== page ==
It is becoming increasingly clear that tax policy will pay a pivotal role in resuscitating the global economy, as we see governments across the world unveil streams of tax reforms to revive economic sentiment, stoke capital investments and aid job creation. Budget 2009 was presented against this backdrop.
The government acceded to the request of the export sector, and tax holiday benefits under Sections 10A and 10B of the Income Tax Act, 1961, which were set to expire on March 31, 2010, have been extended by a year. The Budget also seeks to amend and broaden the tax base on which units located in a Special Economic Zone (SEZ) are entitled to claim income tax holiday benefits. The much-awaited amendment to Section 10AA(7) of the Income Tax Act logically provides that profits of a SEZ unit are to be computed with respect to the proportion of its export as well as total turnover. This amendment would put STP and SEZ units at par with respect to the computation of exempt profits.
The Budget also seeks to spur research & development (R&D) activity in India. Section 35(2AB) of the Income Tax Act provides a weighted deduction of 150 per cent for expenditure incurred on in-house R&D in select manufacturing activities such as computers, telecom equipment, drugs, etc. The Budget proposes to extend this benefit to other sectors.
The Budget seeks to abolish the muchdespised Fringe Benefits Tax (FBT) regime. This meets a long-standing demand of industry, which perceived FBT as imposing a huge cost of tax compliance and collection, without proportionate results in terms of actual tax revenues. Taxation of ESOPs and specific employee benefits will now revert to the classical perquisites system.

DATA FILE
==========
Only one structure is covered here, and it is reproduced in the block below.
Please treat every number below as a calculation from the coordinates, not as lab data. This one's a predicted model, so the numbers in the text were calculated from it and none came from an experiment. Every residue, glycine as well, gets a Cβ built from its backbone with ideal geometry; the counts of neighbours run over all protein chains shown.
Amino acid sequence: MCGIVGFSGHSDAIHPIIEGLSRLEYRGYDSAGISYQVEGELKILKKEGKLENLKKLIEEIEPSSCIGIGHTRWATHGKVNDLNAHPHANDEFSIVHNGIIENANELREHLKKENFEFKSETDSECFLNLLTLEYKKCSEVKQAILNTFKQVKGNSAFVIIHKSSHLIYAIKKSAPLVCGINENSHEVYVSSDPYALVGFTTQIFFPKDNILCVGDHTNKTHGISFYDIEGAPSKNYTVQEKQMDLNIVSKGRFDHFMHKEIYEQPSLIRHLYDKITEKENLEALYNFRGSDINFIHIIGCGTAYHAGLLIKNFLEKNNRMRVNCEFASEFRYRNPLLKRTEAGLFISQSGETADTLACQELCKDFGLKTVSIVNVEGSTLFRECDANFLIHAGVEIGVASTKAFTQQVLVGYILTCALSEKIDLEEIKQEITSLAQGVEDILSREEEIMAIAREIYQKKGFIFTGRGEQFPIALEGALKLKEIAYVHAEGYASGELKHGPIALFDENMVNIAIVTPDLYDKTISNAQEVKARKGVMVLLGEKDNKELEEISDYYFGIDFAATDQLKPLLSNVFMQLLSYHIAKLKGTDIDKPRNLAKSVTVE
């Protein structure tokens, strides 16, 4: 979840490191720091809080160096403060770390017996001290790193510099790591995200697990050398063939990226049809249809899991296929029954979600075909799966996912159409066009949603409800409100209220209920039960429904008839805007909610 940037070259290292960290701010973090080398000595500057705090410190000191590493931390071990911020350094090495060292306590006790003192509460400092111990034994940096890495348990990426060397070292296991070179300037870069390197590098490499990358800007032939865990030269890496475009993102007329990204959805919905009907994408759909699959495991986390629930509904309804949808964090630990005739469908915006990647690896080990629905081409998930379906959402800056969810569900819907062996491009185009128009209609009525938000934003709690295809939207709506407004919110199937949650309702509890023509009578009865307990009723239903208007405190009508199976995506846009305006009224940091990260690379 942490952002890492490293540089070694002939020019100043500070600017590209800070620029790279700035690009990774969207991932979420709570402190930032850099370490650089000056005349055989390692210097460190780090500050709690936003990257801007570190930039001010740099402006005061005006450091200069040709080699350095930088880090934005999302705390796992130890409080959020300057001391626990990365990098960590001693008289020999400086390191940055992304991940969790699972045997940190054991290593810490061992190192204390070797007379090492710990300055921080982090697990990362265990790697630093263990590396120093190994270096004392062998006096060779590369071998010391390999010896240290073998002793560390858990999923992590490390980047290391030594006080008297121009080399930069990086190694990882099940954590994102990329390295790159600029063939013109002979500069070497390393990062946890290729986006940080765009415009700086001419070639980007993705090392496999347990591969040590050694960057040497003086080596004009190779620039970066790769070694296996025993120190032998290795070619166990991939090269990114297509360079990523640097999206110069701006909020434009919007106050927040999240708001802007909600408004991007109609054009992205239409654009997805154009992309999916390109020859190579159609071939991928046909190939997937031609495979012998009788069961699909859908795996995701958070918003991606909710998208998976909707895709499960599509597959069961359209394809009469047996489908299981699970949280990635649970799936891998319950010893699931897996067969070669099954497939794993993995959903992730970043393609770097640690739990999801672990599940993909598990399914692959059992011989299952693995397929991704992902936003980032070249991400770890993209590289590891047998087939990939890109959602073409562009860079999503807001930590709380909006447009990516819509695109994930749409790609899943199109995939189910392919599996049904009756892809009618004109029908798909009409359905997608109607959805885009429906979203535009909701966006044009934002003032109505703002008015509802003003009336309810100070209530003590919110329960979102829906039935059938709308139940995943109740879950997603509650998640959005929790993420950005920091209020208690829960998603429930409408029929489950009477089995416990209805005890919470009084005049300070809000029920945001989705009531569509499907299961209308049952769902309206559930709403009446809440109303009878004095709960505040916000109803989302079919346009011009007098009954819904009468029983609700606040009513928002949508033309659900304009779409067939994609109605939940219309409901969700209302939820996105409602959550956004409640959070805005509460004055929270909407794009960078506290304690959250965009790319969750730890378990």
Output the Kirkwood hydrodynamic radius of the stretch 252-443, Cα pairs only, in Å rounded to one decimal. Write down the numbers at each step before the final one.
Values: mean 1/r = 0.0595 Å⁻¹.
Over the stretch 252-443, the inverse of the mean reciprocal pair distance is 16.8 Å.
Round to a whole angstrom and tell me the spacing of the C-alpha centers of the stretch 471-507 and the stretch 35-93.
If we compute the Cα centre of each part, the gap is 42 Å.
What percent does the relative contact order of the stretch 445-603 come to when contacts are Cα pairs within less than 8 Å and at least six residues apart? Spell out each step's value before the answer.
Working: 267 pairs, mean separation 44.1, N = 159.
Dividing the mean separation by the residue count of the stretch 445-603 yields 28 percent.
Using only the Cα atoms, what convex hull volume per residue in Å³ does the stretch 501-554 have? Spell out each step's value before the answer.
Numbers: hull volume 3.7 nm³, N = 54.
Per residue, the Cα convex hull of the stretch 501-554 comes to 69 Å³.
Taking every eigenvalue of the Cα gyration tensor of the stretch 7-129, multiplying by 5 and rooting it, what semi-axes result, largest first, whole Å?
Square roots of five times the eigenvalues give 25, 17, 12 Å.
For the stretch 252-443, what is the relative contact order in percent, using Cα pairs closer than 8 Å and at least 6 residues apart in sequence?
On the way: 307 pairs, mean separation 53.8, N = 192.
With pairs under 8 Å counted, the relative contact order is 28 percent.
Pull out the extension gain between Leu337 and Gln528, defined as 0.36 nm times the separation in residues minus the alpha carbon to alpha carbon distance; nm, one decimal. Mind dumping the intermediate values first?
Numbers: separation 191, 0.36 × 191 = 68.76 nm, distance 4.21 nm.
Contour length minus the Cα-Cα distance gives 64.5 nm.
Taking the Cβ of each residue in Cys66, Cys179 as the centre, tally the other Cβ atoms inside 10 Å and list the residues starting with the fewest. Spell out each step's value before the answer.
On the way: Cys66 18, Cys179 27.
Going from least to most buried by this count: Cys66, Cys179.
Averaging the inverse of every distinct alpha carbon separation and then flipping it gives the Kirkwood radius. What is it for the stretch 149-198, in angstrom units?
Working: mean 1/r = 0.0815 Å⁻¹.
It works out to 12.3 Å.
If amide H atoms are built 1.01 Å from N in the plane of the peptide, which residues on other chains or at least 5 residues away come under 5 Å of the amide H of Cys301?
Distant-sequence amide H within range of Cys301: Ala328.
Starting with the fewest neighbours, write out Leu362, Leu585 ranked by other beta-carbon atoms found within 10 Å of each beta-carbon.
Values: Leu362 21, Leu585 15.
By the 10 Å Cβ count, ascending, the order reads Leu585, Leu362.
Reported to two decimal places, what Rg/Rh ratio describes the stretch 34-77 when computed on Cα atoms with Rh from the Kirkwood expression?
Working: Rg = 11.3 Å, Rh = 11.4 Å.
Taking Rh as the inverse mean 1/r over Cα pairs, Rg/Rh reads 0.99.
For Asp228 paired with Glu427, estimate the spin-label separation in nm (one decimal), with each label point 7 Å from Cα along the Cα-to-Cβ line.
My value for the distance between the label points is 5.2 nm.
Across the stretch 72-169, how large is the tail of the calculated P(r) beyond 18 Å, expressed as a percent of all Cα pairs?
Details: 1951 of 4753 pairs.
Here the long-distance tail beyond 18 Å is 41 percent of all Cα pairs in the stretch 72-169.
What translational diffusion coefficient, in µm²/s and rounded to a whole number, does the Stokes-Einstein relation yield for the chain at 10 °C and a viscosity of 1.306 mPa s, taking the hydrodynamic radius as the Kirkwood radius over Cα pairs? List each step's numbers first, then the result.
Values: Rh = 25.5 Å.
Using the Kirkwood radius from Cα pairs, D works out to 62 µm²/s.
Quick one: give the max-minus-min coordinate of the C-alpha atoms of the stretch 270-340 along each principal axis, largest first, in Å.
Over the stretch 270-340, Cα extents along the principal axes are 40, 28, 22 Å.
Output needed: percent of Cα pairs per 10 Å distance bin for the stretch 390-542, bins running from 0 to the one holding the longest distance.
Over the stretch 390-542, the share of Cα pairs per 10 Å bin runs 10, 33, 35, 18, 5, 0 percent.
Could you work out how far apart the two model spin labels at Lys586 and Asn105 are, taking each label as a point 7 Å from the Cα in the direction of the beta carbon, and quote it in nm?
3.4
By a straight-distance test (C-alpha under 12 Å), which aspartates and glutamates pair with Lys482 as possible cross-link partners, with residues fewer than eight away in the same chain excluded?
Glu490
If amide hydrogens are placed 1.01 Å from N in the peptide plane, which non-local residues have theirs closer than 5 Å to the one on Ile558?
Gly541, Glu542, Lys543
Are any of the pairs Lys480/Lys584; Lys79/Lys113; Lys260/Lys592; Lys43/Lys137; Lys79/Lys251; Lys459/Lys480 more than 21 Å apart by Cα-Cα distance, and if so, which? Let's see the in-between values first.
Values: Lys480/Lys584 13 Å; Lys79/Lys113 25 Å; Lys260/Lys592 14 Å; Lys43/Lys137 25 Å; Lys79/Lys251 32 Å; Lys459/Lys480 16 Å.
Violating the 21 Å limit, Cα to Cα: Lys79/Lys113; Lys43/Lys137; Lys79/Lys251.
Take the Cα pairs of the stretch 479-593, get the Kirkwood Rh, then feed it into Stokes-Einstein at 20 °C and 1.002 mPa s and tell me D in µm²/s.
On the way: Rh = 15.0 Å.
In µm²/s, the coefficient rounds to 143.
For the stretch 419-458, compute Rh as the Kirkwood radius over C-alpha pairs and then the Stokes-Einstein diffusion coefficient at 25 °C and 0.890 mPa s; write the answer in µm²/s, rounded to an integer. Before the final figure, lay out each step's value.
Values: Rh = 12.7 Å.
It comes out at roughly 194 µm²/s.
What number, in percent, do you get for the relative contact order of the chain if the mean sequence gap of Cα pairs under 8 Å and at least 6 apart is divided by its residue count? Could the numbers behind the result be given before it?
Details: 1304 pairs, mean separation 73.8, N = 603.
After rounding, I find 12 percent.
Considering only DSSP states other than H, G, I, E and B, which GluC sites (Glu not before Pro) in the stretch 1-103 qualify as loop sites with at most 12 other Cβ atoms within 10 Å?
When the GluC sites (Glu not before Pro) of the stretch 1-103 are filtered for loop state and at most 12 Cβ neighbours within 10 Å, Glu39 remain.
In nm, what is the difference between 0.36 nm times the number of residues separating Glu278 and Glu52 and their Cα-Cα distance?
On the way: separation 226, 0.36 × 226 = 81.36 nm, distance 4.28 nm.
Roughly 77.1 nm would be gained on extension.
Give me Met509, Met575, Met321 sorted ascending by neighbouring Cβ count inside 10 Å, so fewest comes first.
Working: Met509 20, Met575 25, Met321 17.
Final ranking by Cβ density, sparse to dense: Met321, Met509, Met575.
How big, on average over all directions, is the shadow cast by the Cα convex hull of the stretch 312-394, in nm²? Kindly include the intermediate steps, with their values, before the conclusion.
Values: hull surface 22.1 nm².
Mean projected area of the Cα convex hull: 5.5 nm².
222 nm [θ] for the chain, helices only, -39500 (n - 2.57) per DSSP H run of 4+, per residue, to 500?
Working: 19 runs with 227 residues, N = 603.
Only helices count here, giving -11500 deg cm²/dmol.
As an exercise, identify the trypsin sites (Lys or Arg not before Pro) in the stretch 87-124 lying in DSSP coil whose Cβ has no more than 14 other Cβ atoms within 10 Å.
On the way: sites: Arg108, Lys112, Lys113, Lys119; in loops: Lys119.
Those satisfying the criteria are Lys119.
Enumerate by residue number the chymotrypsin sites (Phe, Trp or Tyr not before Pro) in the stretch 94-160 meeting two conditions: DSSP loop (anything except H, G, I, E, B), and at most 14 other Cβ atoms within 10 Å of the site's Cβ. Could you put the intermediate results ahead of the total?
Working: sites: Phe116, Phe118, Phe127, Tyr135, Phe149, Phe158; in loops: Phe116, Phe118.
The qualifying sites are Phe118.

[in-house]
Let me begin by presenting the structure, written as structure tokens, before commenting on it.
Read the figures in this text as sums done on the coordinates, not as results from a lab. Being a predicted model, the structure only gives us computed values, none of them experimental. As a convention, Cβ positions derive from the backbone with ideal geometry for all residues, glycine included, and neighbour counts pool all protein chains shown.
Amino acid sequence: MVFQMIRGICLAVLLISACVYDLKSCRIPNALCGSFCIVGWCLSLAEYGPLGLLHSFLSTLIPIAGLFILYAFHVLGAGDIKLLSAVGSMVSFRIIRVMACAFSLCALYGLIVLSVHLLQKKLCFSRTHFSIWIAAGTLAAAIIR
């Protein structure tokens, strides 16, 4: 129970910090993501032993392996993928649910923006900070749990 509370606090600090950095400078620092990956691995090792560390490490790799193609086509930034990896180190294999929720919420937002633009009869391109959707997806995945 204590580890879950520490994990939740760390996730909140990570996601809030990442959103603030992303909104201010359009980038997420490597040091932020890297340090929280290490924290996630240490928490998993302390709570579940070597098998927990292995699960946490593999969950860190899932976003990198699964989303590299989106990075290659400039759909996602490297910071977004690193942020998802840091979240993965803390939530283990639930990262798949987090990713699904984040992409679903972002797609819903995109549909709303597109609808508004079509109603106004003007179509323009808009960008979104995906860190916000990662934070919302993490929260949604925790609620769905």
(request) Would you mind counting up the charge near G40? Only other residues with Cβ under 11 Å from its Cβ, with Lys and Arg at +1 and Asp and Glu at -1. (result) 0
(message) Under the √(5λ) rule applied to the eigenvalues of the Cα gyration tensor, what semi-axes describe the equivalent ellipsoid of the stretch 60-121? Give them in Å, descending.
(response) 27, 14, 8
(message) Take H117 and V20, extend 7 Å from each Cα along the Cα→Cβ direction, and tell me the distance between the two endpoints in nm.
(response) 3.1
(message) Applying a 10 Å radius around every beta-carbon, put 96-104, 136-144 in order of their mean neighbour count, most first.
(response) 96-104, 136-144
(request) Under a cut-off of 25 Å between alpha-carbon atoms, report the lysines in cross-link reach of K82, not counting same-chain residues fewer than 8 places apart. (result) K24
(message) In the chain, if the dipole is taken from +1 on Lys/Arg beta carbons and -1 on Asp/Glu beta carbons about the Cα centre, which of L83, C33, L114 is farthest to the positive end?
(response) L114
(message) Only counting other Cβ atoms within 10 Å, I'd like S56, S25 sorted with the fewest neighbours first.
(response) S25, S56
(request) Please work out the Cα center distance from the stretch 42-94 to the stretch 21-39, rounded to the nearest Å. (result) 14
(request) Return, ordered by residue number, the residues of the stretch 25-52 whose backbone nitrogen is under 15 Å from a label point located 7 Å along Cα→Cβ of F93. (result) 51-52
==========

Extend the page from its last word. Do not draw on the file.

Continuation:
The Budget proposes to increase the Minimum Alternate Tax (MAT)—introduced to ensure there is no total tax avoidance by firms— rate from 10 per cent to 15 per cent. While the MAT credit period has been extended to 10 years, the increase in the rate will impact the cash flows of the IT/ITES and infrastructure sectors.
The Budget has provided that LLPs would be taxed at par with partnership firms. This would mean that the LLPs will be taxed at an “entity” level and not be accorded a “pass-through” status. This may provide for tax planning opportunities such as mitigation of dividend distribution tax, and reduction of maximum marginal tax rate, while according benefits of limited liability.
Transfer Pricing—price at which merchandise is sold between related firms—has been a subject of much litigation since its inception in 2001-2002. The Budget seeks to amend provisions on the manner in which the arm’s length range— price charged by unrelated firms—needs to be determined. The Budget also proposes the introduction of “safe harbour” rules—that allow automatic acceptance of transfer pricing—to be introduced by the Central Board of Direct Taxes. In addition, the Budget provides for the creation of a Dispute Resolution Panel (DRP), which will review orders proposed to be passed by Assessing Officers. DRP’s directions will be binding on the Assessing Officers. These amendments are very welcome and likely to reduce the enormous volume of transfer pricing litigation and provide tax certainty to multinationals.
In summary, despite the burgeoning fiscal deficit, the decision of the government to keep most income tax rates stable reflects a pragmatic approach towards providing impetus to growth, and deferring fiscal consolidation to “better times”, consistent with the approach of most other countries. The commitment to introduce the new Direct Tax Code for public comments in the next 45 days also signifies the government’s vision to keep tax laws simple and, at an overall level, promote tax certainty and improve the quality of tax compliances.
—The author is Tax Partner & National Tax Director, Ernst & Young, India